Patients with multiply relapsed or refractory chronic lymphocytic leukemia (CLL) have a limited survival. Chimeric antigen receptor (CAR)-modified T cells targeting CD19 may overcome the limitation of low complete response rates with conventional therapies with the potential to induce sustained remissions in patients with refractory B-cell malignancies. We previously reported preliminary results on three patients with refractory CLL. Here we report the mature results from our initial trial using CAR modified T cells to treat 14 patients with relapsed and refractory CLL (1). Autologous T cells transduced with a CD19-directed CAR (CTL019) lentiviral vector were infused into patients with relapsed/refractory CLL at doses of 0.14–11 ×108 CTL019 cells (median 1.6 x 108 cells). Patients were monitored for toxicity, response, expansion and persistence of circulating CTL019 T cells. The overall response rate in these heavily pretreated CLL patients was 8/14 (57%), with 4 complete remissions (CR), and 4 partial remissions (PR). The in vivo expansion of the CAR T cells correlated with clinical responses, and CAR T cells have persisted and remain functional beyond 4 years in the first two patients achieving CR; no patient in CR has relapsed. All responding patients have developed B cell aplasia and experienced cytokine release syndrome, coincident with T cell proliferation. Minimal residual disease is not detectable in patients who achieved CR, suggesting that disease eradication may be possible in some patients with advanced CLL.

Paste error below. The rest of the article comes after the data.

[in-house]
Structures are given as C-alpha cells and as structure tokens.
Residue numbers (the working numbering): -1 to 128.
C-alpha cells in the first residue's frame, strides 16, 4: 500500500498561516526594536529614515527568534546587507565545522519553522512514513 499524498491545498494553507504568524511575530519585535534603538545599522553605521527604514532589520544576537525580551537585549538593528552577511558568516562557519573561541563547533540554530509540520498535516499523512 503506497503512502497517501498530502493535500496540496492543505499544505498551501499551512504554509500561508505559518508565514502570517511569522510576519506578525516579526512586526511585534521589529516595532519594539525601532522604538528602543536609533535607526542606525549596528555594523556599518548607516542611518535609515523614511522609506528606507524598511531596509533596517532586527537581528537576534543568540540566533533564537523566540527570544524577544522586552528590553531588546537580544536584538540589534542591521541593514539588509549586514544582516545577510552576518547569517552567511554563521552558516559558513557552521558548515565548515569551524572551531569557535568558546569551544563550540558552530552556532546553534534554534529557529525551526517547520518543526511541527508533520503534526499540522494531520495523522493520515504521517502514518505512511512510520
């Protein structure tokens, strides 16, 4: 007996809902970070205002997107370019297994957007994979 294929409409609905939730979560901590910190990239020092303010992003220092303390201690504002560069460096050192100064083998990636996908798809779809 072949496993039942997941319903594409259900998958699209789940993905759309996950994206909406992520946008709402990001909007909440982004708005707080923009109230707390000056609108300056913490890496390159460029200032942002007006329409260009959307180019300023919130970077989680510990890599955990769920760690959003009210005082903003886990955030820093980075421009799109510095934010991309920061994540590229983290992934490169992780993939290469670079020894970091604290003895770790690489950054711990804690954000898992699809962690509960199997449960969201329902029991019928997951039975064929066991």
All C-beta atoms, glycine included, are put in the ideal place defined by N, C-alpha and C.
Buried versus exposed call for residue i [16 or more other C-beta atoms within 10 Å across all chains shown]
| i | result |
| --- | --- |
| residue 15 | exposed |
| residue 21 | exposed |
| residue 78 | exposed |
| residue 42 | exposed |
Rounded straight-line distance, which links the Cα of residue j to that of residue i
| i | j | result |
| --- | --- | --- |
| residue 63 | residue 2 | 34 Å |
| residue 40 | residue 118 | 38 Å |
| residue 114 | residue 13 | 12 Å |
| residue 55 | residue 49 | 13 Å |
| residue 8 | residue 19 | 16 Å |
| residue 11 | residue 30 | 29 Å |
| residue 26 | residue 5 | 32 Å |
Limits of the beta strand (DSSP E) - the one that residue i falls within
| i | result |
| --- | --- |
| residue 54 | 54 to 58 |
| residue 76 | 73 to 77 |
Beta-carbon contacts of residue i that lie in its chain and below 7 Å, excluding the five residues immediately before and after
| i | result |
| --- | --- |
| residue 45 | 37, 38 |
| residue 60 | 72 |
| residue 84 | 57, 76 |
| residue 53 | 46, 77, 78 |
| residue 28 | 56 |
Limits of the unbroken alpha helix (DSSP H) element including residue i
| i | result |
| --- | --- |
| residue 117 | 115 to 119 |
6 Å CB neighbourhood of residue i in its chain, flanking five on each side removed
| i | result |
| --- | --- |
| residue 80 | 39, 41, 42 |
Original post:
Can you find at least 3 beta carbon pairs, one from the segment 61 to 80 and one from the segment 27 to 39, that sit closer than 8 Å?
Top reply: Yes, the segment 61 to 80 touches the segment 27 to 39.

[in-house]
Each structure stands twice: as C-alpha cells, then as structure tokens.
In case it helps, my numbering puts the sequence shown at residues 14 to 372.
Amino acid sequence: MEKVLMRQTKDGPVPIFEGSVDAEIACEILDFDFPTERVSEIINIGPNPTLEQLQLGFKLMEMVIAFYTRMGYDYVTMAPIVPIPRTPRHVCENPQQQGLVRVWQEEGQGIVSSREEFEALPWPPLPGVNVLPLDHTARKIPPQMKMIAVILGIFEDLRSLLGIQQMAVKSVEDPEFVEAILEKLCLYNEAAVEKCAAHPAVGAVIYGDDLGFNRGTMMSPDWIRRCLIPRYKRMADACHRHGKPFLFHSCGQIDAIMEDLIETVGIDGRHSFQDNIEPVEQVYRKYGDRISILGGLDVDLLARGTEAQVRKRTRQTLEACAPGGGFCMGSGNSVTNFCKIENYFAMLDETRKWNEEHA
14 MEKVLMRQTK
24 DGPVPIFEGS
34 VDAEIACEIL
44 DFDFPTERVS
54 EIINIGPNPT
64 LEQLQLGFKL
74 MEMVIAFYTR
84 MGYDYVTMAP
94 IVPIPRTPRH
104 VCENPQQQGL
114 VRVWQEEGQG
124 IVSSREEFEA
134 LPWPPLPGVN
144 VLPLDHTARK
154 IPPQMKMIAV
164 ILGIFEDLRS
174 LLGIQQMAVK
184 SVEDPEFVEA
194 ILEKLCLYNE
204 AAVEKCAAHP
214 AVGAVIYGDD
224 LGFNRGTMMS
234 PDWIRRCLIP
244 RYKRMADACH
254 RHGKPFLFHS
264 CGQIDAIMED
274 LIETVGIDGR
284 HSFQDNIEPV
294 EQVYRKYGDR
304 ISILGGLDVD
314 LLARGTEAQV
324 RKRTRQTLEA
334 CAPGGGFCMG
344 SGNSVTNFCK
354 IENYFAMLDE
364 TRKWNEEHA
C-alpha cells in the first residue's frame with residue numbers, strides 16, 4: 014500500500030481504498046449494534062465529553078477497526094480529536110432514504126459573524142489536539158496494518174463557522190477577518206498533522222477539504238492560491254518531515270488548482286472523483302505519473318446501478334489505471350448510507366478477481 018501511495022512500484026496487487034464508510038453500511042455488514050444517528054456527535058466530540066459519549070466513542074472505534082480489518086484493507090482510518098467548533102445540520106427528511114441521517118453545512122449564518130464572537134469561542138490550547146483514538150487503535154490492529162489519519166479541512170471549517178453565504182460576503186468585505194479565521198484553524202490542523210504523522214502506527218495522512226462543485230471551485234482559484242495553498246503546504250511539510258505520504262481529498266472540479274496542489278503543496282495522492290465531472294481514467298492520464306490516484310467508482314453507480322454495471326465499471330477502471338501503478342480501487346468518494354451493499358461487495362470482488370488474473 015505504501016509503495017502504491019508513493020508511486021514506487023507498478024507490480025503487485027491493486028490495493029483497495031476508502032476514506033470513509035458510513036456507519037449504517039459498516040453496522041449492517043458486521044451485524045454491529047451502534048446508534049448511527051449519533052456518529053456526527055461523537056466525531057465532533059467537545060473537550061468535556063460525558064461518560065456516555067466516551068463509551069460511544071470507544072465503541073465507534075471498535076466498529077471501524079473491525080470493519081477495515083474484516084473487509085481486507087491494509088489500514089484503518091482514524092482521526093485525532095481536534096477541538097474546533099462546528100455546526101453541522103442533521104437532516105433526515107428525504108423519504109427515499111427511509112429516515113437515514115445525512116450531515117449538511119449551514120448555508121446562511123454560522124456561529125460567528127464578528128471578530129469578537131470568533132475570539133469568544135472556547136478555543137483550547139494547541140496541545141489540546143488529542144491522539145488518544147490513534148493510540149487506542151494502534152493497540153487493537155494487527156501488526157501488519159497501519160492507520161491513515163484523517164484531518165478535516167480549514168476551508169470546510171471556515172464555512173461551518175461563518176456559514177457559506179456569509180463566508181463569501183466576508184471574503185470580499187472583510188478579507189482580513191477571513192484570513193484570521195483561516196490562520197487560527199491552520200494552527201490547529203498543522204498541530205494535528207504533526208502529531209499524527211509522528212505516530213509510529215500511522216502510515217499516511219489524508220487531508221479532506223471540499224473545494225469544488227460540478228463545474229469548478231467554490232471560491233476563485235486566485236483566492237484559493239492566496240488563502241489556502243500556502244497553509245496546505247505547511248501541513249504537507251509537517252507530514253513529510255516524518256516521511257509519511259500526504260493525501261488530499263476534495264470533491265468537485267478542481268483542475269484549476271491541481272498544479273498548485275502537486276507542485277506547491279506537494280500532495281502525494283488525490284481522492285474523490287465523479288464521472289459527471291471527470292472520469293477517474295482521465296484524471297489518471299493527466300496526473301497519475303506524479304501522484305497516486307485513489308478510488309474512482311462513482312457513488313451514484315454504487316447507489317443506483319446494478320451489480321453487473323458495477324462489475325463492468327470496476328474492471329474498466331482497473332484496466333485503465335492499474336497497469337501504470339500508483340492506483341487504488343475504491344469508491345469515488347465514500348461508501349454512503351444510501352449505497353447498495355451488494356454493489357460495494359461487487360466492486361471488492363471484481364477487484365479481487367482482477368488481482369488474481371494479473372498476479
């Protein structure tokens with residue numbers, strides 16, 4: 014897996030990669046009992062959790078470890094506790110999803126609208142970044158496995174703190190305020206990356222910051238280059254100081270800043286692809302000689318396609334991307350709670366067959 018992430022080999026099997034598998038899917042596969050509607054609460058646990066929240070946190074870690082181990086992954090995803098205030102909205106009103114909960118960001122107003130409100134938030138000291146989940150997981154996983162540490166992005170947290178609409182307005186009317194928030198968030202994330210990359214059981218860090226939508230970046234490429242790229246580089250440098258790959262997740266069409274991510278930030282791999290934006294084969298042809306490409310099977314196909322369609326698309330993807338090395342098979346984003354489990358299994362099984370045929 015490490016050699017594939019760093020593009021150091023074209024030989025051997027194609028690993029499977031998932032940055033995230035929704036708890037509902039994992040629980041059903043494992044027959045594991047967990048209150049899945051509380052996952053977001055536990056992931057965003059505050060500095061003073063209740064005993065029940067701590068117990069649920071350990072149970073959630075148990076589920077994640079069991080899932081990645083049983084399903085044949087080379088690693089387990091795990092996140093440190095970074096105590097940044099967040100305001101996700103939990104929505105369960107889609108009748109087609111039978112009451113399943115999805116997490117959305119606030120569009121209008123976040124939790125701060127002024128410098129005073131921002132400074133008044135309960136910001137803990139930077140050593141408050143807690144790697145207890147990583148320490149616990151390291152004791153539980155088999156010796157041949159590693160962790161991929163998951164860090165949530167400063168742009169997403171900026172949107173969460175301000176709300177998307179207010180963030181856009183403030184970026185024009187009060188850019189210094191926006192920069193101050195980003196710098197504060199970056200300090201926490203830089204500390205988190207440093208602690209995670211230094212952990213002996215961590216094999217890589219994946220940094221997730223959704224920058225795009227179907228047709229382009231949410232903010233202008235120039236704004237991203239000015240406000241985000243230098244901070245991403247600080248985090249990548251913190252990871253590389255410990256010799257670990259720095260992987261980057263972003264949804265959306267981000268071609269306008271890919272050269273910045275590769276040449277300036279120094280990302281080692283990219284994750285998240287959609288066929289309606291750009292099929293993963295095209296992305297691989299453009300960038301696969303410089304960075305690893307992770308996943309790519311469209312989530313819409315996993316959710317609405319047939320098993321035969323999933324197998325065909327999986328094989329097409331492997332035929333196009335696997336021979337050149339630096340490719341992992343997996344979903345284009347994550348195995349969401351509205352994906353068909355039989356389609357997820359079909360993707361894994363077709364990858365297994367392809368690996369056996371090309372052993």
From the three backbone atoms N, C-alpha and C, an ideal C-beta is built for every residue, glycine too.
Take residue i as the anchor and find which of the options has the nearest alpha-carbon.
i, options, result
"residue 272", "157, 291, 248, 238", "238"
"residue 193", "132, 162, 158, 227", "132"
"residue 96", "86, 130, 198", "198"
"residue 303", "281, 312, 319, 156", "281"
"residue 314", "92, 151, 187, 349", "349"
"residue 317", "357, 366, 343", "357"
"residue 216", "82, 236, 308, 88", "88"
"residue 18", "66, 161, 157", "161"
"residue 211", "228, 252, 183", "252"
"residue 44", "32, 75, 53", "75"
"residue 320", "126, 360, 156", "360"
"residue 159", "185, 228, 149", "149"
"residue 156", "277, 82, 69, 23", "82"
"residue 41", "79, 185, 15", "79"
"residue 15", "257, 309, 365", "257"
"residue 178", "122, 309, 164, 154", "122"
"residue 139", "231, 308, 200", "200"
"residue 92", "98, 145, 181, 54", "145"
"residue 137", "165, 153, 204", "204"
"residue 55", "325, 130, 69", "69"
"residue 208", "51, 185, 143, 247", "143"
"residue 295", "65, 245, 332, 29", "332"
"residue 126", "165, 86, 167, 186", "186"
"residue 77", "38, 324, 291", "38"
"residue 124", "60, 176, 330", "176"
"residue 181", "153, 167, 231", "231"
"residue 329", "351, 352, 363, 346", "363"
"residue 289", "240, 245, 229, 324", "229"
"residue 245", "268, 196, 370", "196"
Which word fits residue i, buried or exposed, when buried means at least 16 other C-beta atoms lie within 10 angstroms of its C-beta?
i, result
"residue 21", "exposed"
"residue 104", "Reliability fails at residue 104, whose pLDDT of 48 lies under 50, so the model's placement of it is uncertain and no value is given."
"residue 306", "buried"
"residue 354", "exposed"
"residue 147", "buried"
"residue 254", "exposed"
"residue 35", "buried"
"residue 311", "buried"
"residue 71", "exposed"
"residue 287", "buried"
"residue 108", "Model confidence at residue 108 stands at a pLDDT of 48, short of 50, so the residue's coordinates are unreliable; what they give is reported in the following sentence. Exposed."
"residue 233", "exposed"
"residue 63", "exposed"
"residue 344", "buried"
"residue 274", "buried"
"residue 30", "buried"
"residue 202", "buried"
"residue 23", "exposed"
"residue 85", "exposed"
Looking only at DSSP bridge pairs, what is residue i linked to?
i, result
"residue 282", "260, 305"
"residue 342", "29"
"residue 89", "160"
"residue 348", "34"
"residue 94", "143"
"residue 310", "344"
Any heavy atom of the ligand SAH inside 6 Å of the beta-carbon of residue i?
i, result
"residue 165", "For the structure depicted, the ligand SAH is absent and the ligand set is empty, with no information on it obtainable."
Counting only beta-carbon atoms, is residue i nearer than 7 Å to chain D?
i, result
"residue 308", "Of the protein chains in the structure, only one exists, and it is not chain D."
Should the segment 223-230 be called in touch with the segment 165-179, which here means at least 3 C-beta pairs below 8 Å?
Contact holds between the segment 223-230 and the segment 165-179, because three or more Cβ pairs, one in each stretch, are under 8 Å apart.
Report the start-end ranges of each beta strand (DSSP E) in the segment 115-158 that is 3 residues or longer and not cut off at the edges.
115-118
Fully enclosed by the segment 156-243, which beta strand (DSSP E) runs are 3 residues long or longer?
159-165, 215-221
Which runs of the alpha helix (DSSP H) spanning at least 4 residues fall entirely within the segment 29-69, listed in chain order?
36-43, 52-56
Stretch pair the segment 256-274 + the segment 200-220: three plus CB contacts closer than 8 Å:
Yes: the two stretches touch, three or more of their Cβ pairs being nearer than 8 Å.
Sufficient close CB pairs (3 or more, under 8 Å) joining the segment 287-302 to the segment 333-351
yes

In separate studies we have asked whether the same CD19 CAR may have activity in tumors that do not express CD19. A patient with refractory multiple myeloma was treated with CTL019 cells, a cellular therapy consisting of autologous T cells transduced with an anti-CD19 chimeric antigen receptor, following myeloablative chemotherapy (melphalan 140 mg/m2) and autologous stem cell transplantation (2). Four years earlier, autologous transplantation with a higher melphalan dose (200 mg/m2) had induced only a partial, transient response. Autologous transplantation followed by CTL019 cells led to a complete response with no evidence of progression and no measurable serum or urine monoclonal protein at last evaluation, 12 months after treatment. This response was achieved despite absence of CD19 expression in 99.95% of this patient's neoplastic plasma cells.
1. Porter DL, et al. Science Transl Med, 2015 (in press)
2. Garfall A, et al. N Engl J Med, 2015 (in press)
Citation Format: Carl June. Engineered T cells for cancer therapy. [abstract]. In: Proceedings of the CRI-CIMT-EATI-AACR Inaugural International Cancer Immunotherapy Conference: Translating Science into Survival; September 16-19, 2015; New York, NY. Philadelphia (PA): AACR; Cancer Immunol Res 2016;4(1 Suppl):Abstract nr IA13.
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